Recent development of economical and accurate carbon dioxide sensors makes it feasible to use them as an integral part of a demand ventilation system. Model codes now allow the amount of outdoor air to be reduced below a constant 15 CFM per person.

Of course, there are issues that should be evaluated when deciding to proceed with a demand ventilation system.

The first question is whether local code allows outside air levels to be reduced. If the answer is no, determine whether the code official is willing to look at alternative schemes as part of a comprehensive design solution.

Depending on the base mechanical system, there may be some added first costs to implement a demand ventilation system. A demand ventilation system requires a parallel duct system to get outside air to individual spaces. The biggest savings in operating costs are in conference rooms and other assembly-type spaces.

Demand ventilation should not be considered unless the facility manager plans to do a full commissioning of mechanical systems prior to occupancy. Commissioning will ensure systems are performing as intended. Also, care should be taken to make sure the air balance is designed so that the minimum outside air doesn't drop below what is required to maintain positive building pressure.

This has been a Building Operating Management Tip of the Day. Thanks for listening.

With HVAC Upgrades, Look Beyond Like-Kind Replacement

Today's tip from Building Operating Management magazine: When replacing elements of the HVAC system, evaluate whether to replace units with a like kind or not.

Say you're replacing a chiller. Because chillers can easily last 30 years or more, the odds are good that the needs of the building and its occupants have changed since it was installed. In that case, it probably isn't a good idea to replace units with like kind.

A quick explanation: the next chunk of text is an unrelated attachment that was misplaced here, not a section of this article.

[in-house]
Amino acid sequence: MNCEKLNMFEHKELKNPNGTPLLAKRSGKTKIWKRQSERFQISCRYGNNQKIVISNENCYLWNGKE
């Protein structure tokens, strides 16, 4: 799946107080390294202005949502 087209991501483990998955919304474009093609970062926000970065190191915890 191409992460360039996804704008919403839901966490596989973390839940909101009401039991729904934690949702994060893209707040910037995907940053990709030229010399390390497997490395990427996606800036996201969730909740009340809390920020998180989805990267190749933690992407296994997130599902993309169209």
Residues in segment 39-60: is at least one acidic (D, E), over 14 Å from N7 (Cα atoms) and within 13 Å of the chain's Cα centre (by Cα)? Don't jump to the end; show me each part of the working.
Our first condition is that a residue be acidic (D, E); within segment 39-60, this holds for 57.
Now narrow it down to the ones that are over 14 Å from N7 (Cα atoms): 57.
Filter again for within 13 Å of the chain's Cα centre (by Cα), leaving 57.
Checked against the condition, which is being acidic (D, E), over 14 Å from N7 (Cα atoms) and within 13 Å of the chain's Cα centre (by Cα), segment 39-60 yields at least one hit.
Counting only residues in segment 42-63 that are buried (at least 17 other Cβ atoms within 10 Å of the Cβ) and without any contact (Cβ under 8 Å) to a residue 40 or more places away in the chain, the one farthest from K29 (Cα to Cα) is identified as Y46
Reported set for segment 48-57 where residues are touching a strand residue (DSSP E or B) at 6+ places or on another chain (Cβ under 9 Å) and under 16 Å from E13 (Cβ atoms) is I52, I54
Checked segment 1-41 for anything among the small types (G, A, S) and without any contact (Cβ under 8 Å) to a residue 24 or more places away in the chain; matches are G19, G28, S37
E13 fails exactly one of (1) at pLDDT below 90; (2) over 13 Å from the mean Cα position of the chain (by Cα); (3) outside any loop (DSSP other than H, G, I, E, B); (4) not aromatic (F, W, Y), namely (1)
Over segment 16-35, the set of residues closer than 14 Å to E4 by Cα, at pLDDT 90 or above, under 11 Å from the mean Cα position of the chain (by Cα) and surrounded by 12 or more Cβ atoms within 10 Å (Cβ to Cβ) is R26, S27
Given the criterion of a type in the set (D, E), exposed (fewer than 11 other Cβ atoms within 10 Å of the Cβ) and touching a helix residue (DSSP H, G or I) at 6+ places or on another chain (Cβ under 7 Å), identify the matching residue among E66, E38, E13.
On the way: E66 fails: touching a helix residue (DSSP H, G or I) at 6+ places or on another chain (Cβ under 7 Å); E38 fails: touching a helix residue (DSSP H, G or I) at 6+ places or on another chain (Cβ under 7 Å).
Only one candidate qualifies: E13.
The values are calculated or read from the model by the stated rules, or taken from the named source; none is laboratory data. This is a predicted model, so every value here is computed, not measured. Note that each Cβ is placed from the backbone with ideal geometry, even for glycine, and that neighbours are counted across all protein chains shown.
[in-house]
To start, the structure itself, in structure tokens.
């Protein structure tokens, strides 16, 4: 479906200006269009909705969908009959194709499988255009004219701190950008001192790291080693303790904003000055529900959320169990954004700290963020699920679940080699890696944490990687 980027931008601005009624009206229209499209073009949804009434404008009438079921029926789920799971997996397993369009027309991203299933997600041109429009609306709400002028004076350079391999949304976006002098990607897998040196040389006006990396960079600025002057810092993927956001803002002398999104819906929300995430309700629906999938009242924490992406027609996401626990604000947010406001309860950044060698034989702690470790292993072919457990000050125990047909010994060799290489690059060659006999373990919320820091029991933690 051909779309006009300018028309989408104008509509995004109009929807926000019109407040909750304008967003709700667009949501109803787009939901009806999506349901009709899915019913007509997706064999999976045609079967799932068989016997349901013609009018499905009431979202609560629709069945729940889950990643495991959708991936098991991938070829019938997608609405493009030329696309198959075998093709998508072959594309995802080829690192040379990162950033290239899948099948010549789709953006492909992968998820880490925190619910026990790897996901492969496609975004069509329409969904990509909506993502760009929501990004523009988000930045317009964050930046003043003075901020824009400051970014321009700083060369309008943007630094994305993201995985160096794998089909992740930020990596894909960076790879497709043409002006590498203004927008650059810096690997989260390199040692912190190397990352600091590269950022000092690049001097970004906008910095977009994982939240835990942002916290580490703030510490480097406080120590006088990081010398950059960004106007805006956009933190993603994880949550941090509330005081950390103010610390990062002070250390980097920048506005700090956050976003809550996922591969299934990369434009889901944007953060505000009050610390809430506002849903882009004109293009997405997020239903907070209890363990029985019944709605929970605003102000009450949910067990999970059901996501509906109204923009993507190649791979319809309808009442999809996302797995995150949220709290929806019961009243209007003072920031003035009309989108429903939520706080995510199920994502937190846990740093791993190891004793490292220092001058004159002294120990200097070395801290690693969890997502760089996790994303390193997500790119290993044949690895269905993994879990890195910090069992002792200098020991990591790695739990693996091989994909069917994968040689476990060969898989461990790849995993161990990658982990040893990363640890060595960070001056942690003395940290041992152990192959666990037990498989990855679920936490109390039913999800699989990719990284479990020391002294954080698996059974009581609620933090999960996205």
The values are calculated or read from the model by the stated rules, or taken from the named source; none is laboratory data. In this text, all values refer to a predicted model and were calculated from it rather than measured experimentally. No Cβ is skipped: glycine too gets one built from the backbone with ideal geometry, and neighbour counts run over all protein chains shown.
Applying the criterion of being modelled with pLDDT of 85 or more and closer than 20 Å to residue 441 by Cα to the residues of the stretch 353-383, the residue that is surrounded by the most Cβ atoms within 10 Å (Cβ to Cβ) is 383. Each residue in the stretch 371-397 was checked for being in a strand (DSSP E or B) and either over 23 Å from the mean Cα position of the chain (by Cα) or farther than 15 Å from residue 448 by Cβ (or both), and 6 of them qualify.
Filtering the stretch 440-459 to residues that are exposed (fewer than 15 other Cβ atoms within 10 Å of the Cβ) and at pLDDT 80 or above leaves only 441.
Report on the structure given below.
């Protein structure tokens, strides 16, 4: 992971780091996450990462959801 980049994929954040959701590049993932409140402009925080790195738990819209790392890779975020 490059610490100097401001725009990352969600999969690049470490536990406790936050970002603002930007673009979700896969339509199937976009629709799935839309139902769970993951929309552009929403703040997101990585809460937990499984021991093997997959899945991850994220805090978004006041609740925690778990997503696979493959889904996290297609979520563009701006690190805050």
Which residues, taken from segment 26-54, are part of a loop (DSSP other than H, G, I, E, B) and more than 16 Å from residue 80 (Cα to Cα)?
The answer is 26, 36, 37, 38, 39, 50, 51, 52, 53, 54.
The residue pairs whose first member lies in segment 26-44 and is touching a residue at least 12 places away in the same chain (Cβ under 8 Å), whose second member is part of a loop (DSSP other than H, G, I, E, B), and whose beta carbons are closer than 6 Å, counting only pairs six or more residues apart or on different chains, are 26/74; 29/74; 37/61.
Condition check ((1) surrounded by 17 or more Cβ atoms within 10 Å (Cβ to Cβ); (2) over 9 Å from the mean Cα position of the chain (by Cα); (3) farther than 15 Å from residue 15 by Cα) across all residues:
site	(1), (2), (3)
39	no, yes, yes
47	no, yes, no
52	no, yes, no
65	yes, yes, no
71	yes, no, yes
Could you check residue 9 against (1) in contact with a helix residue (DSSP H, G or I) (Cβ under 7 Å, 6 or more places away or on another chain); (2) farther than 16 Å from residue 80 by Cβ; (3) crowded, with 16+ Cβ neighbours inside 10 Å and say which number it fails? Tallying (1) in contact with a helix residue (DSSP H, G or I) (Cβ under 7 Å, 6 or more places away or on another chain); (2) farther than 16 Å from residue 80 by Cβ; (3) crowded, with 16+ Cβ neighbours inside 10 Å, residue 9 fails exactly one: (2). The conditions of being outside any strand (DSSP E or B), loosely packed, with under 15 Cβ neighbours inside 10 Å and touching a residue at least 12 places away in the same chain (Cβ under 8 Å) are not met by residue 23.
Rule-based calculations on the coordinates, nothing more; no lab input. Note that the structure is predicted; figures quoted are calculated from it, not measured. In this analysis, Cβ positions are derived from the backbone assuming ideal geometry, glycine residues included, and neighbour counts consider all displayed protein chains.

For one thing, chillers with older technology are not as energy efficient as units made today. What's more, you might find out that the size of the existing unit may not meet the needs of current and future occupants. There's also the question of how much redundancy you have and need. Questions like those are why bringing in an outside engineer, while an added expense, is probably a good idea.

The result of not replacing in kind can be significant. Two Shell Plaza in Houston was formerly outfitted with four 500-ton chillers. As a result of an upgrade by Hines, two of those chillers remain, but only in a backup role. The cooling is now provided by a pair of 680-ton chillers with variable frequency drives. That approach not only allows for more efficiency, but also gives more flexibility when it comes to providing cool air during off-peak hours when only a limited number of tenants need it. Changes like that can only come about if a project is properly evaluated beforehand and the building's use is carefully examined.

In some cases it might be preferable to replace with similar units. Kirk Beaudoin, territory facilities manager, North American retail operations, Nike, says that tracking service calls, breakdowns and temperature complaints helps his company identify problems that would prevent the organization from being able to replace old units with similar new units. "Our assumption is that our stores were properly designed when built. So unless we have identified ongoing comfort issues that are related to sizing of equipment, or if there have been any modifications to the store which would require a review of the systems, we generally replace with the same tonnage," he says.

This has been a Building Operating Management Tip of the Day. Thanks for listening.


HVAC , cooling equipment , sustainability , green building , cooling technology